(g) means for connecting said circuit with a source of electrical power;

(h) said circuit including conductor cords respectively extending through each of said tubular members connected with a conductor plug at said outer end of each tubular member and with the bulb socket at said one end of each tubular member; and

(i) said means for connecting said circuit with a source of electrical power including a plug socket on said base for releasable connection with each of said plugs, whereby said tubular members including the conduction cords within each member may be separately disconnected from and re-connected with said base as separate units.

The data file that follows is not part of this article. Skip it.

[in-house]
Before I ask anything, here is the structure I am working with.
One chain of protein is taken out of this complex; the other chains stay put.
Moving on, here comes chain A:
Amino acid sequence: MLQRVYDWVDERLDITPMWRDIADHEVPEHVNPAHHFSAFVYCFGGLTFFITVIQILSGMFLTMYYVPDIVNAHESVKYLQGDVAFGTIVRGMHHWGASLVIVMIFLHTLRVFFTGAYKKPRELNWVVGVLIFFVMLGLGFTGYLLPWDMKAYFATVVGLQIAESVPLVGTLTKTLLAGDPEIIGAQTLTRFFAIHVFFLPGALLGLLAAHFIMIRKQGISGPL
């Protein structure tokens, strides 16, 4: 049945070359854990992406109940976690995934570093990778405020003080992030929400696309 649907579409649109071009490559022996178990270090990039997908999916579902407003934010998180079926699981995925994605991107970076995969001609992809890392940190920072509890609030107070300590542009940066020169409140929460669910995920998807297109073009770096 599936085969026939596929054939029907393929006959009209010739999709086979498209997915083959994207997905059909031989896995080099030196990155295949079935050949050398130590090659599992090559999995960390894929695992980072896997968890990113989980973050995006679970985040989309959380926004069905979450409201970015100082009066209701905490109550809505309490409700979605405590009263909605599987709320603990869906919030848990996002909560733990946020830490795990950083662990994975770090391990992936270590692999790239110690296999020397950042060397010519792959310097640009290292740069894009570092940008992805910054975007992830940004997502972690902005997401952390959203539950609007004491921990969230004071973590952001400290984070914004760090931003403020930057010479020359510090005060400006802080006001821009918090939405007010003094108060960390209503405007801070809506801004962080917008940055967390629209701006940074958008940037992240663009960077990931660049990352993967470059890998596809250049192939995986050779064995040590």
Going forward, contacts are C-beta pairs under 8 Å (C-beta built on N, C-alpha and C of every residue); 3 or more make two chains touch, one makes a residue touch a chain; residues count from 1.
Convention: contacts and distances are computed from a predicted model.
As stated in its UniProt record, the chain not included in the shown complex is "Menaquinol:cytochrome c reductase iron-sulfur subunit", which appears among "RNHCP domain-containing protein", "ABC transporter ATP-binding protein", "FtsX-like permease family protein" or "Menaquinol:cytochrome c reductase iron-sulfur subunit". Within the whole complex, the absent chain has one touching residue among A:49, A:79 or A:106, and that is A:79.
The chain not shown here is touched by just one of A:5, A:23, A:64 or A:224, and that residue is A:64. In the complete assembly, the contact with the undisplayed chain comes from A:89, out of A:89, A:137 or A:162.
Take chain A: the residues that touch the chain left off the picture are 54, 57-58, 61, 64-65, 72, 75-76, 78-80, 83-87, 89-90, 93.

3. A camera support for use in portrait photography comprising:

(a) a base on which a camera is adapted to be supported in a position with the optical axis of its lens extending generally horizontally;

(b) two pairs of electric light bulbs including reflectors for reflecting the light rays in a direction generally away from such camera and said base and toward a point along said axis at which the person to be photographed is to be positioned;

(c) bulb supporting and positioning means on said base for supporting each pair of said electric light bulbs substantially equally spaced at opposite sides of a vertical plane in which said optical axis is disposed and forwardly of such camera relative to said lens, with one bulb of each pair in a common level spaced substantially above said axis, and the other bulb of each pair in a common level spaced below said axis, when said camera is in said position;